Saturday, February 8, 2014

Happy Birthday Valentine's Day Babies

Hi, my name is Pam and I wanted to extend a Happy B-day to all February people, but especially persons born on Valentines' Day.  
My youngest sister, Sue, was born on that special day.  My younger sister, Deb and my older brother Frank, used to tease her.  

As you have noticed, we were all given short, one syllable names for a reason.  My Dad told us, before we were born, he would stand out on the porch and yell names out to see which ones were best for yelling purposes.  This was before the advent of the pager, let along the cell-phone.  In the evenings all you heard were Mothers yelling for their kids to come home for dinner.  We learned to be good yellers back then.  

Anyway, my sister, Sue, was born on Valentine's Day.  She was born with an extra piece of cartilage on the top of her ear which gave her a pointed ear.  Yeah, weird.  We just figured Cupid gave her one of his.  And once Star Trek came out, there was no turning back from the Spock jokes.  FYI, she still has the pointed ear.

Do you happen to know anyone born on Valentine's Day with a strange physical attribute?  I did a google search, but all I could find were kids born with heart-shaped birthmarks.  It would be neat to hear of stranger attributes.  

During my search on Google, I found a book written in 1918 by Astra Cielo called Signs, Omens and Superstitions.   Here is what it said about St. Valentine's Day:


St. Valentine was a Christian bishop who suf-
fered martyrdom in 270 A. D. on February 14th. 
He was later ordained the patron saint of true 
love. Maids and youths were accustomed to be- 
come engaged on that day in his honor. 

Sending verses and picture cards to one's best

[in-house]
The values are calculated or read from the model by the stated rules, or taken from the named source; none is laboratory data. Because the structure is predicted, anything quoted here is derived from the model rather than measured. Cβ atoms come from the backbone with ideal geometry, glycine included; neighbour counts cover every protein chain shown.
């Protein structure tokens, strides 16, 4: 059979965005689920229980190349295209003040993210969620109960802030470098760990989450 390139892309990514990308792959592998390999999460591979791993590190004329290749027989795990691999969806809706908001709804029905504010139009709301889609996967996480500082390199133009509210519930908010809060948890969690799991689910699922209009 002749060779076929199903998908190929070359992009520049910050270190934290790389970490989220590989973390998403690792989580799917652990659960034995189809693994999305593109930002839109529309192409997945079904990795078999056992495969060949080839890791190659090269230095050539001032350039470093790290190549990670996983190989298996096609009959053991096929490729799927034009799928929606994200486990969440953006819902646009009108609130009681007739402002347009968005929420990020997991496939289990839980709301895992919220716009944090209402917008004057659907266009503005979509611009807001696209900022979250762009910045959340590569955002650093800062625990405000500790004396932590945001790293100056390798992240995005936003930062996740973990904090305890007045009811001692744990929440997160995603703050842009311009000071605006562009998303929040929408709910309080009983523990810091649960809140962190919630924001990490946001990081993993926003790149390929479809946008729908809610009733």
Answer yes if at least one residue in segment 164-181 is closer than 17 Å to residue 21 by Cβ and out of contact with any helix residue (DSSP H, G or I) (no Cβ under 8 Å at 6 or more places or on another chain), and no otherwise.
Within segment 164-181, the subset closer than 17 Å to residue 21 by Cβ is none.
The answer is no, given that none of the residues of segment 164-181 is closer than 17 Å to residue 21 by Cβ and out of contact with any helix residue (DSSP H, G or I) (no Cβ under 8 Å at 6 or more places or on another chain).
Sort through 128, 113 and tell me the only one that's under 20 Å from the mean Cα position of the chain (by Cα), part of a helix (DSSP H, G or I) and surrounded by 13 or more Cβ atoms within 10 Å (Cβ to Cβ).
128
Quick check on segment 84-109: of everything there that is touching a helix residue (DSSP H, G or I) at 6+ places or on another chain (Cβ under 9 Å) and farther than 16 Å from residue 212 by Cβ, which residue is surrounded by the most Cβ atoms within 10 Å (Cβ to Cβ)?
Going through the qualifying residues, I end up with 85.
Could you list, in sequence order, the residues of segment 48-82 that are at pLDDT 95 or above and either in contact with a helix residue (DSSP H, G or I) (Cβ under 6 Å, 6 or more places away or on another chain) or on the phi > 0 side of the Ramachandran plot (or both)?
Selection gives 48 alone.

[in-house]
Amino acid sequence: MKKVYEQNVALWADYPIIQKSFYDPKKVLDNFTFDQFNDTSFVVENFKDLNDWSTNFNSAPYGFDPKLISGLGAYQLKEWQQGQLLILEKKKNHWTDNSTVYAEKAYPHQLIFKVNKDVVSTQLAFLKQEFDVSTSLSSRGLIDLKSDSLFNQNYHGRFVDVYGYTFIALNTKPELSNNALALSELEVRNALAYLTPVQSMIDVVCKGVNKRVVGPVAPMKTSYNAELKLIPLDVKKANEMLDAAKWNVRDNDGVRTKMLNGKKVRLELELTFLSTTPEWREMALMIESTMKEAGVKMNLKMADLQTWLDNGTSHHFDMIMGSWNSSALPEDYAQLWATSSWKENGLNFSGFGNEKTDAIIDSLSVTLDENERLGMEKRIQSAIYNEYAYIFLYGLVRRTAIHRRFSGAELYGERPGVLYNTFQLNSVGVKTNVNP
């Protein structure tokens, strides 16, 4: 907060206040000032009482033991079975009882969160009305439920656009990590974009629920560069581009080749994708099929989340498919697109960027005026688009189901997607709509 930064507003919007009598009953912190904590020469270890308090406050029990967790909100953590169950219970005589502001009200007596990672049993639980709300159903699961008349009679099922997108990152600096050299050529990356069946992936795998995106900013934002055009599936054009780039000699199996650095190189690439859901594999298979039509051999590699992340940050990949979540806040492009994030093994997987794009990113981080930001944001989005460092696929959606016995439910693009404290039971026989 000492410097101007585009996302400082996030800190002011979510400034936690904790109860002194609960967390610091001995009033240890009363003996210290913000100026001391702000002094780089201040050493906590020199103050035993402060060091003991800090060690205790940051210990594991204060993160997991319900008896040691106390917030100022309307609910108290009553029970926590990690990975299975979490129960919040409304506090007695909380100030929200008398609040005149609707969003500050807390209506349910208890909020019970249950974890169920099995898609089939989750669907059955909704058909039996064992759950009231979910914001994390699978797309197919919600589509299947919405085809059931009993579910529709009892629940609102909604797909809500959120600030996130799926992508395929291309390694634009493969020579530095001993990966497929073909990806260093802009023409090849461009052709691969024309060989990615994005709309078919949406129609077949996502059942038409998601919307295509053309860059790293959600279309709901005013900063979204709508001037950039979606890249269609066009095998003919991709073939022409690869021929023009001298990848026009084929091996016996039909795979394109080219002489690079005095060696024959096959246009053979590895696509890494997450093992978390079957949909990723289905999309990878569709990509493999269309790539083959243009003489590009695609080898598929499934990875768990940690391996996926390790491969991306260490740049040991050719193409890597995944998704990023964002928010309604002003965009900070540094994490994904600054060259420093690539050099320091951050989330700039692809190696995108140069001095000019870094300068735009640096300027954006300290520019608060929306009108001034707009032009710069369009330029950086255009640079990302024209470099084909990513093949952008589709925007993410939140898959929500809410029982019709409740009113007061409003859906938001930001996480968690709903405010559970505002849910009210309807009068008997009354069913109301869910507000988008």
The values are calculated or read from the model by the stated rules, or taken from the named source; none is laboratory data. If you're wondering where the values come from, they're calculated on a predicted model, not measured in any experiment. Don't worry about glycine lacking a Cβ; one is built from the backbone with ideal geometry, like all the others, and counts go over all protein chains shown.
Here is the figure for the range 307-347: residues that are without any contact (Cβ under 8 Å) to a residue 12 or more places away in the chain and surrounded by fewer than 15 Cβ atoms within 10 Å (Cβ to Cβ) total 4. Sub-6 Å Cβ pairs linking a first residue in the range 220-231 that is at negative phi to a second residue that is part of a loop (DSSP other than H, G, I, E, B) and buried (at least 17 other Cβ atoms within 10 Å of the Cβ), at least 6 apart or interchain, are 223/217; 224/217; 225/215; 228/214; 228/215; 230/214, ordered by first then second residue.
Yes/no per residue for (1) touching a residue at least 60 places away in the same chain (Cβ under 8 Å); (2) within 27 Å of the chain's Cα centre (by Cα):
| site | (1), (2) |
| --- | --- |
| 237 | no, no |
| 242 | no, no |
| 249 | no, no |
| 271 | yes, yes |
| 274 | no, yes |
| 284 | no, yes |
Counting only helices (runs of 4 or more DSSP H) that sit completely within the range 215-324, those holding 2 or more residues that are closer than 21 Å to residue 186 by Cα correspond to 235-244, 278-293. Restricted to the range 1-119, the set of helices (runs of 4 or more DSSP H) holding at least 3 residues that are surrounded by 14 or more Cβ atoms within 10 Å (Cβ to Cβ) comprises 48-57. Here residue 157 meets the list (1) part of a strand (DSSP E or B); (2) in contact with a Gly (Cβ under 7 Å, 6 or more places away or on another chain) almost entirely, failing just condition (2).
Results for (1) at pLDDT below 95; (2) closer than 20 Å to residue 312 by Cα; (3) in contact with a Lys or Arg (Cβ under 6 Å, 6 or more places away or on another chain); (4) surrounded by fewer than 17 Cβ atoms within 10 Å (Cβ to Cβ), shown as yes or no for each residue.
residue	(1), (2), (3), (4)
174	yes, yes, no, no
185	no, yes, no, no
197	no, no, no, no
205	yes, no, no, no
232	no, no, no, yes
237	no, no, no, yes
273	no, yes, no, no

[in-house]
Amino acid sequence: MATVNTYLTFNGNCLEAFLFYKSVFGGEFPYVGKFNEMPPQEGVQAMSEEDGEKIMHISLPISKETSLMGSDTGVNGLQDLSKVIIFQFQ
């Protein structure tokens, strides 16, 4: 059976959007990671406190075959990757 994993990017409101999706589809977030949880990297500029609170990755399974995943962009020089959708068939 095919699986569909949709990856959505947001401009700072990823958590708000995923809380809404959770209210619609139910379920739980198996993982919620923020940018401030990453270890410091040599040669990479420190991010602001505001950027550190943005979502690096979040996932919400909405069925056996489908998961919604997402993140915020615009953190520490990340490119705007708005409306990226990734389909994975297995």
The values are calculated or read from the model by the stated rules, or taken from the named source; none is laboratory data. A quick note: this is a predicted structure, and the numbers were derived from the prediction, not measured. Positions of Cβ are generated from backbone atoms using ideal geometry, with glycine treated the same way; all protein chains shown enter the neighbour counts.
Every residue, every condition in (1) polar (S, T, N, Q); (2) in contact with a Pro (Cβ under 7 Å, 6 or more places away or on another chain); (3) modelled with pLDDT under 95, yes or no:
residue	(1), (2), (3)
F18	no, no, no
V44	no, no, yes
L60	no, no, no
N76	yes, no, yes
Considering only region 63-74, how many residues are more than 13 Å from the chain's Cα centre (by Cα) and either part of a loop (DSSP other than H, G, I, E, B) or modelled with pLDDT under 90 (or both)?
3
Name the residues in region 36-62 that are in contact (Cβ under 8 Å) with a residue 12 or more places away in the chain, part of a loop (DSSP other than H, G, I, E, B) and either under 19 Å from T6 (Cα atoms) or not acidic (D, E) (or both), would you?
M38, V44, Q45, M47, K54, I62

beloved has become a popular pastime in England 
and America on Valentine Day. A girl who 
fails to receive a remembrance from some swain 
is doomed to die an old maid. 

Says an old Valentine verse: 
"When I go out, the first swain I see, 
In spite of fortune shall my true love be." 

On the eve of Valentine's Day it was the cus- 
tom for a man to get five bay leaves, pin four of 
them to the comers of his pillow and the fifth 
in the centre, and then go to sleep. If he 
dreamed of a girl, he would marry her before 
the year was out. 

Another custom was to write your friends* 
names on pieces of paper, roll them in clay and 
throw them into a dish of water. The first paper 
that floated up indicated the one you would marry. 

If you expect a visit from your true love on 
that day, keep your eyes shut till he comes. If 
you see another man first, it may mean a loss of 
the other's love. 

To be married on Valentine's Day betokens hap- 
piness and success. 

Thanks for reading,


Tuesday, February 4, 2014


Just posted my short story for a contest @  I thought it came out pretty good.  Wish me luck.

Sunday, February 2, 2014

Finally my own story.

Well, I took the plunge.  I woke up this morning with a story rattling around in my brain.  It was actually a dream.  Even had the title.  Lease On Life. has a contest going for tne newbie members, but only 2500 words.  All of Bob's short stories were way over that limit.  But it got me thinking.  Allen told me I should start writing my own stories.  I never thought of myself as a writer before.  Never had a story demanding to be written.  But this one there, running through my mind.  I only have 876 words so far, but here it is.  Let me know what you think.  

Damn, I thought in disgust, as I find myself once again behind an ugly, orange desk.  So what birthday card was it this time, I wondered?  And there’s that déjà vu feeling I get whenever I find myself here.  But I never remember being here before until I’m actually here.  The paradox makes my head spin.
Glancing around at what I can see of the vast, empty room, I see the usual stuff.  The pumpkin-colored desk and the black chair I’m fidgeting in.  Sometimes the desk is black and the chair orange.  But always the same color scheme.  Since my first visit here, I always wondered if the décor was based on a holiday theme.  I was born in October.  My youngest sister was a Valentine’s Day baby.  I wonder if her motif is red and white.